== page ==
15. Zou, L.; Wang, H.; Xiao, Z.; Fang, Q.; Zhang, M.; Li, T. Tai chi for health benefits in patients with multiple sclerosis: A systematic review. PLoS ONE 2017, 12, e0170212. [Google Scholar] [CrossRef] [PubMed]
  16. Zou, L.; Yeung, A.; Quan, X.; Boyden, S.D.; Wang, H. A Systematic Review and Meta-Analysis of Mindfulness-Based (Baduanjin) Exercise for Alleviating Musculoskeletal Pain and Improving Sleep Quality in People with Chronic Diseases. Int. J. Environ. Res. Public Health 2018, 15, 206. [Google Scholar] [CrossRef] [PubMed]
  17. Zou, L.; Wang, C.; Tian, Z.; Wang, H.; Shu, Y. Effect of Yang-Style Tai Chi on Gait Parameters and Musculoskeletal Flexibility in Healthy Chinese Older Women. Sports 2017, 5, 52. [Google Scholar] [CrossRef] [PubMed]
  18. Zou, L.; Sasaki, J.; Zeng, N.; Wang, C.; Sun, L. A systematic review with meta-analysis of mindful exercises on rehabilitative outcomes among poststroke patients. Arch. Phys. Med. Rehabil. 2018, 99, 2355–2364. [Google Scholar] [CrossRef]
  19. Zou, L.; Yeung, A.; Li, C.; Wei, G.-X.; Chen, K.W.; Kinser, P.A.; Chan, J.S.M.; Ren, Z. Effects of Meditative Movements on Major Depressive Disorder: A Systematic Review and Meta-Analysis of Randomized Controlled Trials. J. Clin. Med. 2018, 7, 195. [Google Scholar] [CrossRef]
  20. Zou, L.; Sasaki, J.E.; Wei, G.-X.; Huang, T.; Yeung, A.S.; Neto, O.B.; Chen, K.W.; Hui, S.-C. Effects of Mind–Body Exercises (Tai Chi/Yoga) on Heart Rate Variability Parameters and Perceived Stress: A Systematic Review with Meta-Analysis of Randomized Controlled Trials. J. Clin. Med. 2018, 7, 404. [Google Scholar] [CrossRef]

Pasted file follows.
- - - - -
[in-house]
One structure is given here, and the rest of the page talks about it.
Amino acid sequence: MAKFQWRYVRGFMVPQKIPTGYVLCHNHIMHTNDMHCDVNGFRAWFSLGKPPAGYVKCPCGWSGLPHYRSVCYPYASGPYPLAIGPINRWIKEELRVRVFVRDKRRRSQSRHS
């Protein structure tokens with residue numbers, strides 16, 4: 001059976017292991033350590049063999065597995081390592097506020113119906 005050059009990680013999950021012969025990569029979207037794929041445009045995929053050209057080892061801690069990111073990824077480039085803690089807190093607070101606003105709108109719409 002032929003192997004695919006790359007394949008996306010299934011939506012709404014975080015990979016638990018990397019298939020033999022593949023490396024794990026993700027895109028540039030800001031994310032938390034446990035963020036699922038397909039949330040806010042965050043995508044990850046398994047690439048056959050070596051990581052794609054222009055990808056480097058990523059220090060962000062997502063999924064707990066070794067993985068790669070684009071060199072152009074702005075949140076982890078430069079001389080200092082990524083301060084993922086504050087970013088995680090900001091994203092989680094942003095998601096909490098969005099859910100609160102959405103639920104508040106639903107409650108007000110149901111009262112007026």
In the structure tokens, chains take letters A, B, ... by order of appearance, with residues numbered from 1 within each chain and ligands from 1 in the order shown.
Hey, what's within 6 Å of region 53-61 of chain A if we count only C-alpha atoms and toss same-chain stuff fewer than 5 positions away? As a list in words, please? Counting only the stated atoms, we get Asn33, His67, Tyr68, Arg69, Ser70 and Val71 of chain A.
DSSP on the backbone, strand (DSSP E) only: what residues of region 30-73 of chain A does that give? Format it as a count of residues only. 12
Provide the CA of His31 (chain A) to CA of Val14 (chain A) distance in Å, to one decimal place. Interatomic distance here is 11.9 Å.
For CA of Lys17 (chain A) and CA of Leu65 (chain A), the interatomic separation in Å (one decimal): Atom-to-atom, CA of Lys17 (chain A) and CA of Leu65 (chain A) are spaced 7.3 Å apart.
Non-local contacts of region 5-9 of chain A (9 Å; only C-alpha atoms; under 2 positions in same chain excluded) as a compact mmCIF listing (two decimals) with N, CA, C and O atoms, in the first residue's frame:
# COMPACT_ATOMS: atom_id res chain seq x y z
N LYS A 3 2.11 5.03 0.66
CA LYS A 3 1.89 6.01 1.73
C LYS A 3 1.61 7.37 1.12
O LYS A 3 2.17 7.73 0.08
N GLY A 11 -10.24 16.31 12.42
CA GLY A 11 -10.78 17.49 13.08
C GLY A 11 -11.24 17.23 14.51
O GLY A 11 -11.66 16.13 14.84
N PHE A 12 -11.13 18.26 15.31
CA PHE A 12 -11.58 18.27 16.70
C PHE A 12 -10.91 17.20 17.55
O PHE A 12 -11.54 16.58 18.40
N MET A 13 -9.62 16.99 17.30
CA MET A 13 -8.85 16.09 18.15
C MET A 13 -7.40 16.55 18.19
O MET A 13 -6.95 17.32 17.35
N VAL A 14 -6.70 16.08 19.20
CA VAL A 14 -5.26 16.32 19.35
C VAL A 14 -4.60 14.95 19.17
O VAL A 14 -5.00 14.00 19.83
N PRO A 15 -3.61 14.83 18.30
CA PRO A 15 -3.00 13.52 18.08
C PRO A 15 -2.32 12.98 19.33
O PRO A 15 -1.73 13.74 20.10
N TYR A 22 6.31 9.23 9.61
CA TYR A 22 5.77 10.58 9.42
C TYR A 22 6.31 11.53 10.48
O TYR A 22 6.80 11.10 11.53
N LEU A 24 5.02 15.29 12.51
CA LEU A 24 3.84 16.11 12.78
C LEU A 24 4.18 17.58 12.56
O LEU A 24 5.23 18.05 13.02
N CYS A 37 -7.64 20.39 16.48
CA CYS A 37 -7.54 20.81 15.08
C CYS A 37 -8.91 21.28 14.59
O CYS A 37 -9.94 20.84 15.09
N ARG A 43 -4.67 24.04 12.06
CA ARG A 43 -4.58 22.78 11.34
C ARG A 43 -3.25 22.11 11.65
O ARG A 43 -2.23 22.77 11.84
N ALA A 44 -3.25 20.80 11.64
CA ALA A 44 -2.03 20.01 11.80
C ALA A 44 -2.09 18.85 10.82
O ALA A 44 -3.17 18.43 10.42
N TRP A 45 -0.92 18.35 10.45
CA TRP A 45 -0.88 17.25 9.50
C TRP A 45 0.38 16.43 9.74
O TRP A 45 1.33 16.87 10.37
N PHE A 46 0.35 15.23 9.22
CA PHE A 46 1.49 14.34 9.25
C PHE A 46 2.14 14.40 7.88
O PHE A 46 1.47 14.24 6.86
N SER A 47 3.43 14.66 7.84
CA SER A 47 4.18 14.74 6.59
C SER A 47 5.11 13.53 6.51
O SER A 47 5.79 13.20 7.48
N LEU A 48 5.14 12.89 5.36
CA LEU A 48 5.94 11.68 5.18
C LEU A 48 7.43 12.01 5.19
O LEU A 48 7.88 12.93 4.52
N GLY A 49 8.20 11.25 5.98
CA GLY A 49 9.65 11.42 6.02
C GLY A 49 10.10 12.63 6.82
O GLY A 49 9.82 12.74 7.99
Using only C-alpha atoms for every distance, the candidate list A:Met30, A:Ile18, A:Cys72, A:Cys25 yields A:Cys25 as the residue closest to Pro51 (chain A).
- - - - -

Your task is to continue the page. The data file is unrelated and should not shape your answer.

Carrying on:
21. Liu, J.; Wang, X.Q.; Zheng, J.J. Effects of Tai Chi versus Proprioception Exercise Program on Neuromuscular Function of the Ankle in Elderly People: A Randomized Controlled Trial. Evid. Based Complement. Altern. Med. 2012, 2012, 265486. [Google Scholar] [CrossRef] [PubMed]
  22. Zou, L.; Wang, C.; Wang, H. Effect of a long-term modified Tai Chi-based intervention in attenuating bone mineral density in postmenopausal women in southeast China: Study protocol for a randomized controlled trial. Clin. Trial Degener. Dis. 2017, 2, 46–52. [Google Scholar]
  23. Zou, L.; Wang, C.; Chen, K.; Shu, Y.; Chen, X.; Luo, L.; Zhao, X. The Effect of Taichi Practice on Attenuating Bone Mineral Density Loss: A Systematic Review and Meta-Analysis of Randomized Controlled Trials. Int. J. Environ. Res. Public Health 2017, 14, 1000. [Google Scholar] [CrossRef] [PubMed]
  24. Liu, J.; Xie, H.; Liu, M.; Wang, Z.; Zou, L.; Yeung, A.S.; Hui, S.-C.; Yang, Q. The Effects of Tai Chi on Heart Rate Variability in Older Chinese Individuals with Depression. Int. J. Environ. Res. Public Health 2018, 15, 2771. [Google Scholar] [CrossRef] [PubMed]
  25. Lou, L.; Zou, L.; Fang, Q.; Wang, H.; Liu, Y.; Tian, Z.; Han, Y. Effect of Taichi softball on function-related outcomes in older adults: A randomized control trial. Evid.-Based Complement. Altern. Med. 2017, 2017, 4585424. [Google Scholar] [CrossRef] [PubMed]
  26. Zou, L.; Yeung, A.; Zeng, N.; Wang, C.; Sun, L.; Thomas, G.; Wang, H. Effects of mind-body exercises for mood and functional capabilities in post-stroke patients: An analytical review of randomized controlled trials. Int. J. Environ. Res. Public Health 2018, 15, 721. [Google Scholar] [CrossRef] [PubMed]
  27. Wang, X.Q.; Huang, L.Y.; Liu, Y.; Li, J.X.; Wu, X.; Li, H.P.; Wang, L. Effects of tai chi program on neuromuscular function for patients with knee osteoarthritis: Study protocol for a randomized controlled trial. Trials 2013, 14, 375. [Google Scholar] [CrossRef]
  28. Hall, A.; Maher, C.; Lam, P.; Ferreira, M.; Latimer, J. Tai chi exercise for treatment of pain and disability in people with persistent low back pain: A randomized controlled trial. Arthr. Care Res. 2011, 63, 1576–1583. [Google Scholar] [CrossRef][Green Version]
  29. Wu, W.; Aikeremujiang, M.; Chen, C.; Liu, W.; Sun, L. Effectiveness of Tai Chi Practice for Non-Specific Chronic Low Back Pain on Retired Athletes: A Randomized Controlled Study. J. Musculoskelet. Pain 2013, 21, 37–45. [Google Scholar]